So the big bad wolf rings me up early yesterday morning and wants to know if I’m seeing anyone.
“Just like that?” I ask, because it’s been nine or ten months at least since he shut me out of his life completely and I fell on my face in tears and crawled home all dirty and mangled.
“Answer the question,” he tells me.
I know there is only one answer that is going to be acceptable to him, and it’s not the answer that I have. So I sit with that for a minute and examine my position.
The big bad wolf is not good for me. The big bad wolf gobbled up my grandma, who loved me more than anyone, and at the time I couldn’t have cared less.
“He’s so misunderstood,” I thought, instead, going down on him. “He suffers so much. I’m the only one who gets that.”
And I still actually believe that.
But it doesn’t mean I was ever able to alter his predatory nature.
“Yes,” I finally answer. “I’m seeing someone.”
It’s a half-truth, but a half-truth in the right direction.
Technically, I don’t see the man to whom I’m referring very often, but I am in love with him. And I’ve committed myself to not veering off the path this time.
Not for him, but for me.
Because I’m overly familiar with what lies or lays out there in the scrappy wilderness, but I’ve no idea what happens when I stay on course. And I’m finally curious.
“You?” I ask the big bad wolf. “Are you happy? Been well?”
Meanwhile I pull up his Facebook page on my computer.
I’m struck by the conventionality of his profile picture, which features the big bad wolf with an adorable and pure-looking little blonde, both clad in shades and smiling greatly.
“No, no, and yes.”
I try to assimilate the answers he provides, which are in direct opposition to the presentation I’m observing.
“I want you to be happy, Mr. Wolf,” I say.
Because believe it or not, that’s the truth.
It’s what I’ve always wanted for him, even if the primary pull has been that he’s not.
I listen to his raspy, hungry breathing on the line for a moment.
“Could I see you?” I ask. “We could get coffee. You could tell me how you’ve been.”
I imagine the big bad wolf in a coffee shop, his inability to stay still, his shifty, mistrusting eyes.
“Get rid of your man,” he tells me.
And while it’s true that if it weren’t for the hunter, I’d probably throw on my red cloak and run right back to Grandma’s house this instant, crawl into bed with the wolf and stay there for weeks, abandon everything else I have going, I also recognize that’s not the real issue here.
It’s rescuing me, for the moment, but what I’d really like is to be able to rescue myself.
I think about all of the things the big bad wolf has going for him. His musical genius, for one. Perhaps because of those great big ears he has, he’s an incredibly talented DJ. Like the cadence of terrified footsteps, he always has a beat racing through his heart.
“I look forward to your one day realizing that I could be of benefit to you,” I tell him. “Aside from sexually, I mean.”
“But I love your pussy,” he snarls.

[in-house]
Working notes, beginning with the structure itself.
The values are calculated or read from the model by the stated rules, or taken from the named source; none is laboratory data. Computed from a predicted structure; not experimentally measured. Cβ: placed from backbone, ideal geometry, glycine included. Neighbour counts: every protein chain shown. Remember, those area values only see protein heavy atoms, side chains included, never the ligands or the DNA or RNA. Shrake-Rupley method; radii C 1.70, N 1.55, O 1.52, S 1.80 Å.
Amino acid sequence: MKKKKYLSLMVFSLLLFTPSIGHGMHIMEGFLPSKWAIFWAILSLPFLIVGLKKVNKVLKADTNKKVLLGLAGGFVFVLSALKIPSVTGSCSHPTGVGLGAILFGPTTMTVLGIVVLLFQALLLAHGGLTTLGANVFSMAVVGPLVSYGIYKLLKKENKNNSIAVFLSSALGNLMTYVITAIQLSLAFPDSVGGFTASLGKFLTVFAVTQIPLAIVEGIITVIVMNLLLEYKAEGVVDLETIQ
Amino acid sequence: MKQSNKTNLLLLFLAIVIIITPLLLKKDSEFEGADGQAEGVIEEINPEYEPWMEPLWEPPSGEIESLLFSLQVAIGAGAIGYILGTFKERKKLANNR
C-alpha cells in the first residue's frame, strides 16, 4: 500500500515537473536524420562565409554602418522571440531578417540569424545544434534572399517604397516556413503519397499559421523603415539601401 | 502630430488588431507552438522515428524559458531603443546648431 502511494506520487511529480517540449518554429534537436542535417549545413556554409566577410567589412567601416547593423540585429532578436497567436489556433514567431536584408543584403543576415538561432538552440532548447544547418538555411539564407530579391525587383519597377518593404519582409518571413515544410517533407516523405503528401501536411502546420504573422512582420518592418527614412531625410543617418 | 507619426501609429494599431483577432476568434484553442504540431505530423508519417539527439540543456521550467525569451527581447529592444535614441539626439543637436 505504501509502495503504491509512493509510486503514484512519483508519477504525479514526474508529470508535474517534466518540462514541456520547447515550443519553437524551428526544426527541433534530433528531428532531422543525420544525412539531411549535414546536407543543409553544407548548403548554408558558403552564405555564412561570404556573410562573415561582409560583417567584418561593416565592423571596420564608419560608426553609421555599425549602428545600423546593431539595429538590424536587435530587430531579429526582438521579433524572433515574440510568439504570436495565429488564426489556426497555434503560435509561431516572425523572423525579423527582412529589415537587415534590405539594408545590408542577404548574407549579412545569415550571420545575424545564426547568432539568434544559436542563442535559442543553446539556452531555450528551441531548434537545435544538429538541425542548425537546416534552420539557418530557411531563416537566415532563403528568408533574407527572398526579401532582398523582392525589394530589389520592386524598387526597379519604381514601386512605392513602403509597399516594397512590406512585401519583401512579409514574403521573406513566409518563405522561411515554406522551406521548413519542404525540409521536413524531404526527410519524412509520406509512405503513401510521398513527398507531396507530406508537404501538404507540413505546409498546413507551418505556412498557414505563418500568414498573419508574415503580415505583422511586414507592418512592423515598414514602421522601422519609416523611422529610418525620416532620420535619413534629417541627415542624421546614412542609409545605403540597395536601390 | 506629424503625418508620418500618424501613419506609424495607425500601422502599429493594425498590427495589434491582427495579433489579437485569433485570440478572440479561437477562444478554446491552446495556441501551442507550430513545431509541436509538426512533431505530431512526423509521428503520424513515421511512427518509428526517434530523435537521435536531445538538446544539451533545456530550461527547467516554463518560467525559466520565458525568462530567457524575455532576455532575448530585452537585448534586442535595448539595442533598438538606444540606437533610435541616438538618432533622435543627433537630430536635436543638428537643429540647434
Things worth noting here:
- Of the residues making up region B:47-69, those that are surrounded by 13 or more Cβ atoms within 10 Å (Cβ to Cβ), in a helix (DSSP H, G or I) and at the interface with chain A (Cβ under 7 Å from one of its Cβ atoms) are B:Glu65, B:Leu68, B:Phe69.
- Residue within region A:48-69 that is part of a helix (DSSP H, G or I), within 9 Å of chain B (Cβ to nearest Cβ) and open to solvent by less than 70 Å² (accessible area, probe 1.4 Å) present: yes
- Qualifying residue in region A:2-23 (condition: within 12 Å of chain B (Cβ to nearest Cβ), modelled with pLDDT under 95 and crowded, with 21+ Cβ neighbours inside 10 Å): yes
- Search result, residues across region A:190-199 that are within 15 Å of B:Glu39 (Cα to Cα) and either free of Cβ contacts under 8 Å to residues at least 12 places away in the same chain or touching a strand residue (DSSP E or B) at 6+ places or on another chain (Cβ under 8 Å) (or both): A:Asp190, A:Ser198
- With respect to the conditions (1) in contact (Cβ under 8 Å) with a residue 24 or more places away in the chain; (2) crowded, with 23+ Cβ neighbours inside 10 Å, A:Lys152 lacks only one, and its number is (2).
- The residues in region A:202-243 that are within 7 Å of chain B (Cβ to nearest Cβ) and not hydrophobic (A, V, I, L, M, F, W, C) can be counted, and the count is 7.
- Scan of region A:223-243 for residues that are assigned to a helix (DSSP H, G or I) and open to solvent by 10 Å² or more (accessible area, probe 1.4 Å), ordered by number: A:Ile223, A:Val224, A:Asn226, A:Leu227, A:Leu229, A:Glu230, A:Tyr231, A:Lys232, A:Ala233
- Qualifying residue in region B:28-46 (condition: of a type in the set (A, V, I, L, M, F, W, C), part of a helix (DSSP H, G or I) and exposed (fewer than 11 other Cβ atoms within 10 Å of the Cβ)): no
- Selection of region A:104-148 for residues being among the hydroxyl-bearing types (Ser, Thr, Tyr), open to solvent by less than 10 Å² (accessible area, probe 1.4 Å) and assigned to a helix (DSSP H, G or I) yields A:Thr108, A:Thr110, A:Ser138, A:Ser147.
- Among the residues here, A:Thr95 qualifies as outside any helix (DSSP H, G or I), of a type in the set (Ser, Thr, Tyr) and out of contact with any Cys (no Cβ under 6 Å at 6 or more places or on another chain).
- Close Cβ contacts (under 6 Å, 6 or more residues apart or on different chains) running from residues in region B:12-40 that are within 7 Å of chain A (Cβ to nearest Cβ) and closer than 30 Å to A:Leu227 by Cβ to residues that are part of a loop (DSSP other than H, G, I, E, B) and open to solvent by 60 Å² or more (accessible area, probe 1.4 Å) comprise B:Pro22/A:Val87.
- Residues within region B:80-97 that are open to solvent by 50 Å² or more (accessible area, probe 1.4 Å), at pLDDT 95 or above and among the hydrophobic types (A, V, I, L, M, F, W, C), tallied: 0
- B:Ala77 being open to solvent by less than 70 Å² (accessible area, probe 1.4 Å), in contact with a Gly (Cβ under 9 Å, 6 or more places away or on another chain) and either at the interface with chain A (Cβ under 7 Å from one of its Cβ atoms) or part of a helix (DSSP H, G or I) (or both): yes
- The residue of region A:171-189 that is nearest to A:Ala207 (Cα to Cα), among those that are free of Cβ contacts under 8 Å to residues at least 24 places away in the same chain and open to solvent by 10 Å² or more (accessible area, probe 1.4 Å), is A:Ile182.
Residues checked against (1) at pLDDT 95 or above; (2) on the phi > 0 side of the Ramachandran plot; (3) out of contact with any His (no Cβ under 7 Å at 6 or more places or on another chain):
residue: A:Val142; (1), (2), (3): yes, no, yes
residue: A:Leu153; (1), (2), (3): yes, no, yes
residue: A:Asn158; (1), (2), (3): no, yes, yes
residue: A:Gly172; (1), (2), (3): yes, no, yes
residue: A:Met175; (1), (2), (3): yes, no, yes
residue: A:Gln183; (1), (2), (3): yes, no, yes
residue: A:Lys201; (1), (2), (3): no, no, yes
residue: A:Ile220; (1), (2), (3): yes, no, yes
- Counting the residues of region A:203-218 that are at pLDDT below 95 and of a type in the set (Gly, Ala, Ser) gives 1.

They are probably not the words every woman longs to hear. But I’m different, and it makes me laugh.
I did enjoy our physicality, but back when the big bad wolf and I were together, I’d also wanted to promote his music, protect his children, love him unconditionally and care for his home.
“Perhaps it’s time you give my intelligence some attention, instead,” I offer.
“Your intelligence comes with the package, knucklehead.”
I love being insulted like this. I’m not sure why. There are not many that can pull it off, but the wolf is one of them, and it makes him stupidly special to me.
“Send me a song,” I request, still wanting the best of him.
And within seconds there’s the pleasant chime on my phone.
“Get rid of your man,” he tells me again. “And let me know when you have. I’m not done with you.”
Of course he’s not done with me. I’m still alive, most of me having recovered from the ravaging he did.
“In the meantime, send me a picture of your face,” are his final words, before hanging up on me.
I think of the seductive, tough pictures I used to send him. Scroll through those on my phone now and notice they all show a certain vulnerability, tenderness. I’m raw, undercooked. He’d love that. I imagine his drooling over them. And don’t send.
For the remainder of the day I’m shaky, careful, slow.
“Am I the one?” he asked me, back then.
“Sure,” I answered. And he was. I swear to you; he really and truly was.
“No!” he growled, getting angry for reasons I didn’t understand. “I mean THE ONE! Am I THE ONE?”
“Yes?” I guessed, hoping he’d pull his lips back over those sharp, sharp teeth.
“Prove it,” he told me.
But I never could.
It would have meant letting myself be wholly consumed, which is what it would still mean now.
And there’s some delicate pink meat that I’m just always unwilling to relinquish.
What can I say? He smells it. He hungers for it.
But if I let him, he’d devour it without even stopping to know its taste.
3 thoughts on “the red cloak in the closet”
The last line, kind of nails it!
Never feed wild animals! What I really want to say, I feel I must restrain myself from doing so. All I will say is seek your own safe refuge. Your own castle with a moat and everything to keep you safe.